Dec 8, 2018

The job of the Title Company in Texas

Officially, a title company in Texas is referred to as Title Agent or Title Agency. They are responsible to and answer to a lot of folks – mortgage companies, real estate agents, buyers, sellers, brokers, underwriters, etc.

Most notably, they follow the Texas Department of Insurance rules and regulations meticulously. Regular audits by this department ensure it. But what do title companies and escrow officers really do?

Their job entails four basic responsibilities. The simplest starts with:

Search the property title. Disclosure is made to all parties regarding any encumbrances found that could affect ownership rights. The title exam is really for the benefit of the title agency so that they can issue title insurance. Not many title companies would survive if they were foolish enough to issue title insurance without a good title exam to reduce their risk of claims.

Close the transaction. Title agencies work with mortgage lenders, surveyors, HOA managements and more. They bring the parties together, ensure documents are correctly issued and signed, enforce regulations, etc. Their duties can include filing federal tax forms, cash reporting, etc.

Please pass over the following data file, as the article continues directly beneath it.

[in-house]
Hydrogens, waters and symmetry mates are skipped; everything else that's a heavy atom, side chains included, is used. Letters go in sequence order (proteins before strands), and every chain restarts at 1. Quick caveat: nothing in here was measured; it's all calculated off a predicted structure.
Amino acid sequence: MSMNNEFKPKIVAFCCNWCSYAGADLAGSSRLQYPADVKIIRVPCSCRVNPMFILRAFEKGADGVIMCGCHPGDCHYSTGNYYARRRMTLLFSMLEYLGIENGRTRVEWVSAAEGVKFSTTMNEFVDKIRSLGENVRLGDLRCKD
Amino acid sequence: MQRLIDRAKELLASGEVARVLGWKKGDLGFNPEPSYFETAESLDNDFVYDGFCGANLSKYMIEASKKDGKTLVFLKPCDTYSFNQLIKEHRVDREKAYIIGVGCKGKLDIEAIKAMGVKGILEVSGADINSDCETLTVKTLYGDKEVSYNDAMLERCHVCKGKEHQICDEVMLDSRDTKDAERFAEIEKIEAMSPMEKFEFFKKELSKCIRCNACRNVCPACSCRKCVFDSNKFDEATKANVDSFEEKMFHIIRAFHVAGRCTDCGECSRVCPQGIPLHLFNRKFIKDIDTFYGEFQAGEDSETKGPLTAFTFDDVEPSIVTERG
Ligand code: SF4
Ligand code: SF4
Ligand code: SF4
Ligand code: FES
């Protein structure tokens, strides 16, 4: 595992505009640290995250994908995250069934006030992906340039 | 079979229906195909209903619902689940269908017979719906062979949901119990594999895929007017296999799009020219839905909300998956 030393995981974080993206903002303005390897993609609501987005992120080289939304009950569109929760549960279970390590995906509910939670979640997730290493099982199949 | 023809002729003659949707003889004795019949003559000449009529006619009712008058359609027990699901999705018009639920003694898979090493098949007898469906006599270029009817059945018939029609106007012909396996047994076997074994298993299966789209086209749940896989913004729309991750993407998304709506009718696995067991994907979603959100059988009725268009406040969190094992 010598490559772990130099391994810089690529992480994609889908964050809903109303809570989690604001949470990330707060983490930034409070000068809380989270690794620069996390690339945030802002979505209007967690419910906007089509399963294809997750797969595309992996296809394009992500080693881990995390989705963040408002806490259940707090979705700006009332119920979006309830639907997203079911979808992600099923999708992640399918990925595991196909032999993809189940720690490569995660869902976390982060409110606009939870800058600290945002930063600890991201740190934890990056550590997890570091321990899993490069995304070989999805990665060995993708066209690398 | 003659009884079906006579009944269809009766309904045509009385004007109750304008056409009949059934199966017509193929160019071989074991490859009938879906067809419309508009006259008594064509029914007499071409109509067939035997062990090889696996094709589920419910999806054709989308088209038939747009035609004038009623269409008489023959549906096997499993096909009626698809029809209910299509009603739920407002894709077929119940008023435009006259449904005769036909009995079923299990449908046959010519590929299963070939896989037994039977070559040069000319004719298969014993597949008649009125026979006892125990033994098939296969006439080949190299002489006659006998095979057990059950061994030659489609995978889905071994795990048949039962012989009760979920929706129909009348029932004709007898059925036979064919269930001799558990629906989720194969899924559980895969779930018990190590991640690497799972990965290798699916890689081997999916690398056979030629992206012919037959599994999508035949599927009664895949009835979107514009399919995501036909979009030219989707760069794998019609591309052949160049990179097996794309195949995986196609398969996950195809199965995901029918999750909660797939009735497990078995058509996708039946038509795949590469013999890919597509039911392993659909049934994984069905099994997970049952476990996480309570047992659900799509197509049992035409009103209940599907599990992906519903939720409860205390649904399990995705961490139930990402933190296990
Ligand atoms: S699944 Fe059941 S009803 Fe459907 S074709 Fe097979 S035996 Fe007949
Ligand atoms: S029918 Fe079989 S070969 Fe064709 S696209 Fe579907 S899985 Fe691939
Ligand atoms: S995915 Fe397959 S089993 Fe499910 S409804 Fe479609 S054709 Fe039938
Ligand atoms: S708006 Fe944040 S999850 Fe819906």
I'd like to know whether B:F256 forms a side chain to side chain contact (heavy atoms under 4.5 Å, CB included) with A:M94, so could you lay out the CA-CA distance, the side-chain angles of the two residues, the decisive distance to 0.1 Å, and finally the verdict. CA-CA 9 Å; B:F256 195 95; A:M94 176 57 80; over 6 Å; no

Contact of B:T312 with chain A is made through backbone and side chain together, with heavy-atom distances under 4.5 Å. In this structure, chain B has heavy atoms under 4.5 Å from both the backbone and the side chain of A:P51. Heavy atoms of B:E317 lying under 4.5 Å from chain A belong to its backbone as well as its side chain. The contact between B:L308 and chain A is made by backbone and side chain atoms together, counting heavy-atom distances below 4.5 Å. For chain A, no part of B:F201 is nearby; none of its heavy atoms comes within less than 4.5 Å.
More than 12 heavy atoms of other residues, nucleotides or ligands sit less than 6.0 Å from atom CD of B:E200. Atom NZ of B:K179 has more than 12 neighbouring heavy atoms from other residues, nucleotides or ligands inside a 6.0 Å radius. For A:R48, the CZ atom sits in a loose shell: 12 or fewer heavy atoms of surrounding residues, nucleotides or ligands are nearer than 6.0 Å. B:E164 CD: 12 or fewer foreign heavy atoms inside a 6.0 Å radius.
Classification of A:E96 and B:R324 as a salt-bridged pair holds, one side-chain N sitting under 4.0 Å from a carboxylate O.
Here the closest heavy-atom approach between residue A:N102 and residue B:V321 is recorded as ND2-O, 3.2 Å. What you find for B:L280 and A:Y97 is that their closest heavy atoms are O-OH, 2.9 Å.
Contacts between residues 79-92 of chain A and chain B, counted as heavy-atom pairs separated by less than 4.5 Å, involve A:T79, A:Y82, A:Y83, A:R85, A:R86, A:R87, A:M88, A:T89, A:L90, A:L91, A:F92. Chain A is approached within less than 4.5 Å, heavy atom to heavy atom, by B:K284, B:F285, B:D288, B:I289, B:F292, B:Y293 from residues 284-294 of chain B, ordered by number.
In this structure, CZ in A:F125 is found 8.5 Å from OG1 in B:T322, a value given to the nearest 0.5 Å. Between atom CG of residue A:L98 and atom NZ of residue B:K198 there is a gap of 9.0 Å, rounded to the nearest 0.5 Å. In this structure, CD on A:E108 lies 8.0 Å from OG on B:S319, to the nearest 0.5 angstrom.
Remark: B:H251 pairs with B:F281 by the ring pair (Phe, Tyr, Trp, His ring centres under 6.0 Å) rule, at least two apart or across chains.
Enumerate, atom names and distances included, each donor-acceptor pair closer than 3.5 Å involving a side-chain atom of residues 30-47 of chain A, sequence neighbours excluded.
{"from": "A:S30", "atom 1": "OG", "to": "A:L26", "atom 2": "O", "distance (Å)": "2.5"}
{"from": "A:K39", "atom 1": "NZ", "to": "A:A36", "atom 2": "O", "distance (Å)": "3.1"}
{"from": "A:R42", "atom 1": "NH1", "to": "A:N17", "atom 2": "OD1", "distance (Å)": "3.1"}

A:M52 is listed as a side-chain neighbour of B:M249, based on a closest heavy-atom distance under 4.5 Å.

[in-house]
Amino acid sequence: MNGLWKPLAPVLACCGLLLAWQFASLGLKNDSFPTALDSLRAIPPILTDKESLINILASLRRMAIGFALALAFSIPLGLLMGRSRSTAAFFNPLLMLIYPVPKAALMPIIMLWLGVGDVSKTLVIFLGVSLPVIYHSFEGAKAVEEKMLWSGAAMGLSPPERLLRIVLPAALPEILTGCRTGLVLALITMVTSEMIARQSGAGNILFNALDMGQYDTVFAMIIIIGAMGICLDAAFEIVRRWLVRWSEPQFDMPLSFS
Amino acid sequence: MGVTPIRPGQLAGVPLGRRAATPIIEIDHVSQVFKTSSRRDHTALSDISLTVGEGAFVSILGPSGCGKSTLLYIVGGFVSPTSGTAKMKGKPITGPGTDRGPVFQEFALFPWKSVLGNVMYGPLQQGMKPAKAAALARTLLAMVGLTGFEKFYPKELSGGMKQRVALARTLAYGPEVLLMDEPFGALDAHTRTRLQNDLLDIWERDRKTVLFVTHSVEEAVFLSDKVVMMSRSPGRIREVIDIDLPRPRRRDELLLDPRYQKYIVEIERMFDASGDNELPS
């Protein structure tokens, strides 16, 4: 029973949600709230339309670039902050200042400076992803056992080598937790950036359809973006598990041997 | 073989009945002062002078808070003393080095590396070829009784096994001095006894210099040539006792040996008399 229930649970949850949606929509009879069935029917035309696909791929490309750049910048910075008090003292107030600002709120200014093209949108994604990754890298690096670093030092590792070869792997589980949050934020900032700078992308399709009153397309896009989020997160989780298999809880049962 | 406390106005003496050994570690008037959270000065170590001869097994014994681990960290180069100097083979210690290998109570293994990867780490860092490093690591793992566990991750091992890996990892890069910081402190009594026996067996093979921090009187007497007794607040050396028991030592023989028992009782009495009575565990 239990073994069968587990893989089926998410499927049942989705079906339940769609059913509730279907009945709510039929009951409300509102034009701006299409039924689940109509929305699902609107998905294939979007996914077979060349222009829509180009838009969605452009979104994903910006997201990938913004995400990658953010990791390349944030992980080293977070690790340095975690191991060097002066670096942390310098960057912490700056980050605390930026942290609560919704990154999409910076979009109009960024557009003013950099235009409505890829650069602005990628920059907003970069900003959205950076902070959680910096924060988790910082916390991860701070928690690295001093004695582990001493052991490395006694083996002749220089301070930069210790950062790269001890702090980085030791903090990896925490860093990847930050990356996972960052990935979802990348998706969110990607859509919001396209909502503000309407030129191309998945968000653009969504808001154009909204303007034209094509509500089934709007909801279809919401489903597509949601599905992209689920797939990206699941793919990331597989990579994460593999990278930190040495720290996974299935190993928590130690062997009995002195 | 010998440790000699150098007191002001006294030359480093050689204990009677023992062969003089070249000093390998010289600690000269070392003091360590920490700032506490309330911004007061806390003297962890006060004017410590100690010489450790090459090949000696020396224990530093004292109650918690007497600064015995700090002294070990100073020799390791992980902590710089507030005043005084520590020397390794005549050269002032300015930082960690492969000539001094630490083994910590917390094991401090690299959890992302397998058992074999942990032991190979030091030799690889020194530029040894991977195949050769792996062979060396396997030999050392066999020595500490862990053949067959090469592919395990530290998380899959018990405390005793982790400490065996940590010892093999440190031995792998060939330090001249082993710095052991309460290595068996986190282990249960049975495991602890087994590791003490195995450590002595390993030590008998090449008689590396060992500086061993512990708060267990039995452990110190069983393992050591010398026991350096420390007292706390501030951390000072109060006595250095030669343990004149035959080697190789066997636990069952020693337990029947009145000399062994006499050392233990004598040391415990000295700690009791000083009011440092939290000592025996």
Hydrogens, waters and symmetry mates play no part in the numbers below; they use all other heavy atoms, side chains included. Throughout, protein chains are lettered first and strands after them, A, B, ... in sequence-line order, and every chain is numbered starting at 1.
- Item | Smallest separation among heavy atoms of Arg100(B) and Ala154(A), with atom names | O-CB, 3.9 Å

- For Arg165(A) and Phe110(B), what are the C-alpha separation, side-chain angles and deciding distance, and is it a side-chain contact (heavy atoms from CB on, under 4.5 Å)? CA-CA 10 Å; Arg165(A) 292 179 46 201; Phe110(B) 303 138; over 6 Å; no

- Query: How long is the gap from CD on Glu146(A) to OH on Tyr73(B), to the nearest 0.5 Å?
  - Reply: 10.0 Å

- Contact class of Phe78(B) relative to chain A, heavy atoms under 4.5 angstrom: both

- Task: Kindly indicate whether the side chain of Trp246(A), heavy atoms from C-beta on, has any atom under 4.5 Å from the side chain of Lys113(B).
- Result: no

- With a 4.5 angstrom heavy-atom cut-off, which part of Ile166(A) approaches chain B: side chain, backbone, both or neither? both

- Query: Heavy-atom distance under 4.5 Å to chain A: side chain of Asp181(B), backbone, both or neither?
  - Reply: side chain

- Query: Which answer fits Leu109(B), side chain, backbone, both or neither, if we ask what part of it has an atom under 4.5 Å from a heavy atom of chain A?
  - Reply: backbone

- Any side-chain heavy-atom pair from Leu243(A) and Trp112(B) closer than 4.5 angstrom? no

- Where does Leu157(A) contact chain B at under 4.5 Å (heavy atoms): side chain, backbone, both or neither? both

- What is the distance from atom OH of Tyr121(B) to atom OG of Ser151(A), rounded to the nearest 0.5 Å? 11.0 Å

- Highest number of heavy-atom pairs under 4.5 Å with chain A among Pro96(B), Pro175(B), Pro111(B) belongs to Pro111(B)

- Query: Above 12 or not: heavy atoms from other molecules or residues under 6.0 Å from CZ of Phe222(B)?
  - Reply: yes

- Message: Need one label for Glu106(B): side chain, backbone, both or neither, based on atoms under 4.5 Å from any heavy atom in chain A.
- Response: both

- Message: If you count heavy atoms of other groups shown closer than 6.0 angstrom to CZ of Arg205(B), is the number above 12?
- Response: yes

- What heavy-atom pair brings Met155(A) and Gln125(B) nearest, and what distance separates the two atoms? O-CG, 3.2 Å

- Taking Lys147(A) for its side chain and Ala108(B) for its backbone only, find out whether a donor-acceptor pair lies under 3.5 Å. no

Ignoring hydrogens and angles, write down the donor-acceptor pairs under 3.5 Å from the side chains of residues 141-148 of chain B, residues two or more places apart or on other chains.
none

Handle the money. They ensure all funds are good and are entrusted with securely collecting and distributing those funds. Billions of dollars a year flow through their hands in Texas alone. 

And most importantly: 

Serve as a trustworthy, impartial third party. They safeguard the public’s trust with the highest degree of ethics. They don’t represent either side of the transaction and remain neutral and fair in all dealings.

There’s one thing that title companies don’t do that most people assume is a given. Title companies don’t guarantee a clear title. It’s true. We can’t promise you the title to your property is free from all encumbrances.

Now don’t be one of those folks who becomes indignant about paying all that money for title insurance with no guarantees. Realize that title insurance is an indemnity, not a guarantee. It protects against financial loss if a claim arises.

Just like fire insurance doesn’t guarantee you’ll never have a fire. It says it will indemnify you if you have a fire. The same goes for auto insurance. If insurance was a guarantee, then we’d all get life insurance.

Title insurance, like other types of insurance, will protect you against losses covered by that insurance. Some insurance coverages are more comprehensive than others. What is covered or isn’t covered is disclosed in the title commitment prior to the closing.

The job of a title agent is both simple and complicated. To the same extent that a home purchase is both financial and emotional. No two are exactly alike.

The opinions expressed are of the individual author for informational purposes only and not for the purpose of providing legal advice. Contact an attorney to obtain advice for any particular issue or problem. [where: 75230]

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